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I've been trying to identify some performance issues with our ASP.NET Web application. It's an online application, used by multiple users(10+). Just a quick overview: The applcation uses a combination of web forms, MVC Pages, web services etc... When multiple users connects to the app, it seems to become really slow. After investigating the memory, it seems as if the application is using A LOT of memory and that is slowing down the machine, which indicates unmanaged resources not being disposed of. I installed ANTS, and then captured a few applications on the system. It turns out a lot of the memory is used by unmanaged resources: http://tinypic.com/r/154ujra/7

This is the first time I've been profiling memory. ANTS profiler indicates that one of my classes (RULE) has a high number of live instances: http://tinypic.com/r/1264ltu/7 (Which doesn't seem to be freed up by the GC)

After drilling down into class level, http://tinypic.com/r/2r3v6nq/7, it displays a warning that the class isn't released from memory, and this could be because of an event handler not being unregistered. Now that class does contain an event handler instance, so could it be that?

public class Rule
{
    public event EventHandler deleted;

    public void Delete()
    {
        if (baseQuestionnaire.basePortfolio.mode != Mode.Admin)
        {
            throw new Exception("Rules can only be deleted in Admin mode");
        }
        else
        {
            // Delete the rule from the database
            if (id != -1)
            {
                string delete = "DELETE FROM tb" + DataManager.dbPrefix + "_QuestionRule WHERE QuestionRuleId = " + id.ToString();
                DataManager.execute(delete);
            }

            // Raise a deleted event
            if (deleted != null)
                deleted(this, new EventArgs());
        }
    }
 } 

Event is then assigned in another class like this, but never unregistered

public class Option : IComparable
{

    public void AddRule(Rule newRule)
    {
        newRule.deleted += new EventHandler(newRule_deleted);
        allRules.Add(newRule);
    }

    ............................
 }
share|improve this question
    
What is the DataManager? Can you show the code of that one too? –  Jakob Gade Aug 22 '11 at 4:34
    
DataManager is a sealed static class containing frequently used database methods and wrappers, like the execute method above which is a simply wrapper for cmd.ExecuteNonQuery(); –  FaNIX Aug 22 '11 at 5:04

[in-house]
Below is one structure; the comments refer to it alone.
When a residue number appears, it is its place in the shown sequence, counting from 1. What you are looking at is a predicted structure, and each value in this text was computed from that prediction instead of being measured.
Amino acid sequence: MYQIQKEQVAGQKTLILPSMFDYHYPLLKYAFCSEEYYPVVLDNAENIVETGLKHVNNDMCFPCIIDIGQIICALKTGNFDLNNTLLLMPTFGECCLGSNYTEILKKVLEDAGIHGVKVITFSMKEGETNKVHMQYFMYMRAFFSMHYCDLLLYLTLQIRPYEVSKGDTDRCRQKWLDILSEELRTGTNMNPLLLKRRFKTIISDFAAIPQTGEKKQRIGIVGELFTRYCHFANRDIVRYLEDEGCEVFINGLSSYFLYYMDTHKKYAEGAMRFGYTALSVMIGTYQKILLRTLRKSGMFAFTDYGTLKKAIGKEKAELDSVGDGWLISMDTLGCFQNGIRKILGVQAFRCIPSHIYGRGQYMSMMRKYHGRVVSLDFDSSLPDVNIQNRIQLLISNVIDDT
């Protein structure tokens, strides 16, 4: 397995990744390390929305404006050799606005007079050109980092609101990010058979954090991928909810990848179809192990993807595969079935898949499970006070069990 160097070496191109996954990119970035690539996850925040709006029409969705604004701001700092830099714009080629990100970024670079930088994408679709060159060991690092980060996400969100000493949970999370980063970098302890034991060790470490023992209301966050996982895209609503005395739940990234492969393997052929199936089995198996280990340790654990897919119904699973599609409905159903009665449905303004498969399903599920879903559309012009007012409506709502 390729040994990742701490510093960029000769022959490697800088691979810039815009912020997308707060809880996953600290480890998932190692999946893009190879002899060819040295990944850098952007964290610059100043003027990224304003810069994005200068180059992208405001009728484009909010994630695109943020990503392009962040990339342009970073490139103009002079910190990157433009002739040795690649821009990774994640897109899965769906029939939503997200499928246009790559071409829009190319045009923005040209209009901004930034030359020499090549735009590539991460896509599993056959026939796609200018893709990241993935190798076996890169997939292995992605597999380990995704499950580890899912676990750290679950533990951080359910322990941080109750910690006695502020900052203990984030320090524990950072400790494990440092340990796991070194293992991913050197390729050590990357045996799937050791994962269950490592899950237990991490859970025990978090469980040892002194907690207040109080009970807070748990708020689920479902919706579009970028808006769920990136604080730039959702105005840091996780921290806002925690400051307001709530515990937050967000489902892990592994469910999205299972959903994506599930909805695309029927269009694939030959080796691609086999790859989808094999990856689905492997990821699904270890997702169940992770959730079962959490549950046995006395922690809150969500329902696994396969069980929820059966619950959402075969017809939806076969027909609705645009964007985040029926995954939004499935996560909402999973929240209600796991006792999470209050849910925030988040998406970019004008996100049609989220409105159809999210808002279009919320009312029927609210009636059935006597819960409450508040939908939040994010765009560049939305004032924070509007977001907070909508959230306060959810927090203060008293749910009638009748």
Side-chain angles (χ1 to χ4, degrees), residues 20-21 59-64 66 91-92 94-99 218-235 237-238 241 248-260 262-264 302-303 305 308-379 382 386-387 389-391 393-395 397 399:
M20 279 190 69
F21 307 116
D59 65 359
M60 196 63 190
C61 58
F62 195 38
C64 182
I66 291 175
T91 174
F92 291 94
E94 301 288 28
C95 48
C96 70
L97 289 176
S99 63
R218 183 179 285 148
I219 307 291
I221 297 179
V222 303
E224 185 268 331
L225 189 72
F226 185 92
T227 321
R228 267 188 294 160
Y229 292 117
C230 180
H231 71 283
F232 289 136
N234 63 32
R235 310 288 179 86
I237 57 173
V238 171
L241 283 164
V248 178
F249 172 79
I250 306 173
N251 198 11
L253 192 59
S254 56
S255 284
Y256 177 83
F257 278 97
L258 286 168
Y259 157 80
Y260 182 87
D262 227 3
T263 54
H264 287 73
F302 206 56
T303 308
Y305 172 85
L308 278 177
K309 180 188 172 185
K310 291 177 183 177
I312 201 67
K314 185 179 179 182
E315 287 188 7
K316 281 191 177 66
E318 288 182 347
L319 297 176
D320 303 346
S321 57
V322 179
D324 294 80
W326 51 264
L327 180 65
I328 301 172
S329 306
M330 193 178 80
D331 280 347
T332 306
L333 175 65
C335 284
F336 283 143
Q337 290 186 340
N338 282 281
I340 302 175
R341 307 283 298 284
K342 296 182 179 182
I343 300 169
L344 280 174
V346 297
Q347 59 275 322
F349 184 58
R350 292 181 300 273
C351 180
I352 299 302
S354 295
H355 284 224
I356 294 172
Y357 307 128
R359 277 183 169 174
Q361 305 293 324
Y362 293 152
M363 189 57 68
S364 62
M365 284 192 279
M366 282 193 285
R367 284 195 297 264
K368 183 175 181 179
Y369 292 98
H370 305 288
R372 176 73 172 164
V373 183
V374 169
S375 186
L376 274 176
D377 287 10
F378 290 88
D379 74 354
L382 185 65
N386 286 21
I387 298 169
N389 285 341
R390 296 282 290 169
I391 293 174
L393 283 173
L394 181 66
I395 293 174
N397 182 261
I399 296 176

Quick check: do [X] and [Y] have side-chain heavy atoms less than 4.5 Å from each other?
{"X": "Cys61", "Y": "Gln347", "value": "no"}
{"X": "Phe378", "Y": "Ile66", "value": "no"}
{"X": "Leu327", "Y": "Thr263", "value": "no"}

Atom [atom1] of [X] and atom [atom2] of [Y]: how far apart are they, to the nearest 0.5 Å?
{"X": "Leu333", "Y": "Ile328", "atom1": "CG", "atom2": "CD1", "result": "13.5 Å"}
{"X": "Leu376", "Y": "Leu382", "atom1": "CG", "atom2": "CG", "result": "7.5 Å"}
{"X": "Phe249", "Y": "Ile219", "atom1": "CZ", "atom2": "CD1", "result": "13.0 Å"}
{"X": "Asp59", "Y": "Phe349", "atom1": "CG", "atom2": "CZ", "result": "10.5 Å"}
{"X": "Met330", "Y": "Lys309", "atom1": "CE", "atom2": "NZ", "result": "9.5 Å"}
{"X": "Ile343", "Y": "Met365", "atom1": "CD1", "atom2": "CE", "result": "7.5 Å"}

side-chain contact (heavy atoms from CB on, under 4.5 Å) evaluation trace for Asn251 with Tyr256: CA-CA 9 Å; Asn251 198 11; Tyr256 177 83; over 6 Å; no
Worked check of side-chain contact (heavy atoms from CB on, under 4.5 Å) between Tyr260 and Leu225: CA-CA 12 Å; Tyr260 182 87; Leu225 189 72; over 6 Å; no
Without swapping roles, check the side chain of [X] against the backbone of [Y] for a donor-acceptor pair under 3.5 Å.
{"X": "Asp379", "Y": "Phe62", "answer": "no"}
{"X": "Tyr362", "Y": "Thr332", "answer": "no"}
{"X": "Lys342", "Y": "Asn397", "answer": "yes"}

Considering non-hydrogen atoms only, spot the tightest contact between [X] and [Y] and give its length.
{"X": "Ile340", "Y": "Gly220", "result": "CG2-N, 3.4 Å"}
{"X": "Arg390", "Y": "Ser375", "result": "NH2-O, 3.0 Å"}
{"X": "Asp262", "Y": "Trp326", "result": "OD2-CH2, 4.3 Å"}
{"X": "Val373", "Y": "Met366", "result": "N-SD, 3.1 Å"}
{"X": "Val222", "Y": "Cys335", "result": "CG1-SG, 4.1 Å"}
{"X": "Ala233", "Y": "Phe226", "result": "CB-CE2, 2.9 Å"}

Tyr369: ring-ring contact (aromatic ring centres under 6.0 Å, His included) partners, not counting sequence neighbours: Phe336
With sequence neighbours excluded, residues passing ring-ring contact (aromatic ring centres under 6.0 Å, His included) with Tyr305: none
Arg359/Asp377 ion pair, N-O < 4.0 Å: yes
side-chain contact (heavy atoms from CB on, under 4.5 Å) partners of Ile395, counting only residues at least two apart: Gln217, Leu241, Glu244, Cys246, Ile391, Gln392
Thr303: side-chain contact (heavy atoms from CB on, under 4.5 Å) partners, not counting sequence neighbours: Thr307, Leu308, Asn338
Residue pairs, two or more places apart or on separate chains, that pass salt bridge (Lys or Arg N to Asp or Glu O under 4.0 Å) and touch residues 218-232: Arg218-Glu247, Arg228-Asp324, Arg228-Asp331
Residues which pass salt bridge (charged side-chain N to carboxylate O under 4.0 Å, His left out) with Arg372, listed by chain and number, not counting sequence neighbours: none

1 Answer 1

Hmm.. I see that the eventhandler 'deleted' is a public one. So my guess is that the Rule object is created first and then the Rule.deleted is assigned an eventhandler. If this is the case then as you suspected, the eventhandler is probably the cause of Rule objects not being garbage collected.

EDIT:

Maybe you could try something like this:

public class Option : IComparable, IDisposable
{

    private Rule newRule;
    private EventHandler newRuleDeletedEventHandler;

    public void AddRule(Rule newRule)
    {
        this.newRule = newRule;
        newRuleDeletedEventHandler = new EventHandler(newRule_deleted);
        newRule.deleted += newRuleDeletedEventHandler;
        allRules.Add(newRule);
    }

    public override void dispose()
    {
        newRule.deleted -= newRuleDeletedEventHandler;
    }
}
share|improve this answer
    
I updated the thread. The event is assigned in another class called Option. I'm just not sure when and how exactly to unregister the event. –  FaNIX Aug 22 '11 at 5:02
    
Yeah thats what I thought as well. Do I need to call the dispose method on the rule objects explicitly at any time or is the above all I need to do? I also implemented the Finalise method which calls the dispose method in case the object doesn't get disposed or if the reference to it is lost. –  FaNIX Aug 22 '11 at 23:35
    
You might not need to do anything in the Rule class as such - reason being it is the references to Rule class that are creating problem, and at this point we suspect Option as being the culprit. Finalize may help, in fact, you can refactor this to deregister the event in th Finalize of Options itself rather than dispose. So, after this do you see any difference? Or are we barking up the wrong tree? –  Srikanth Venugopalan Aug 23 '11 at 1:03

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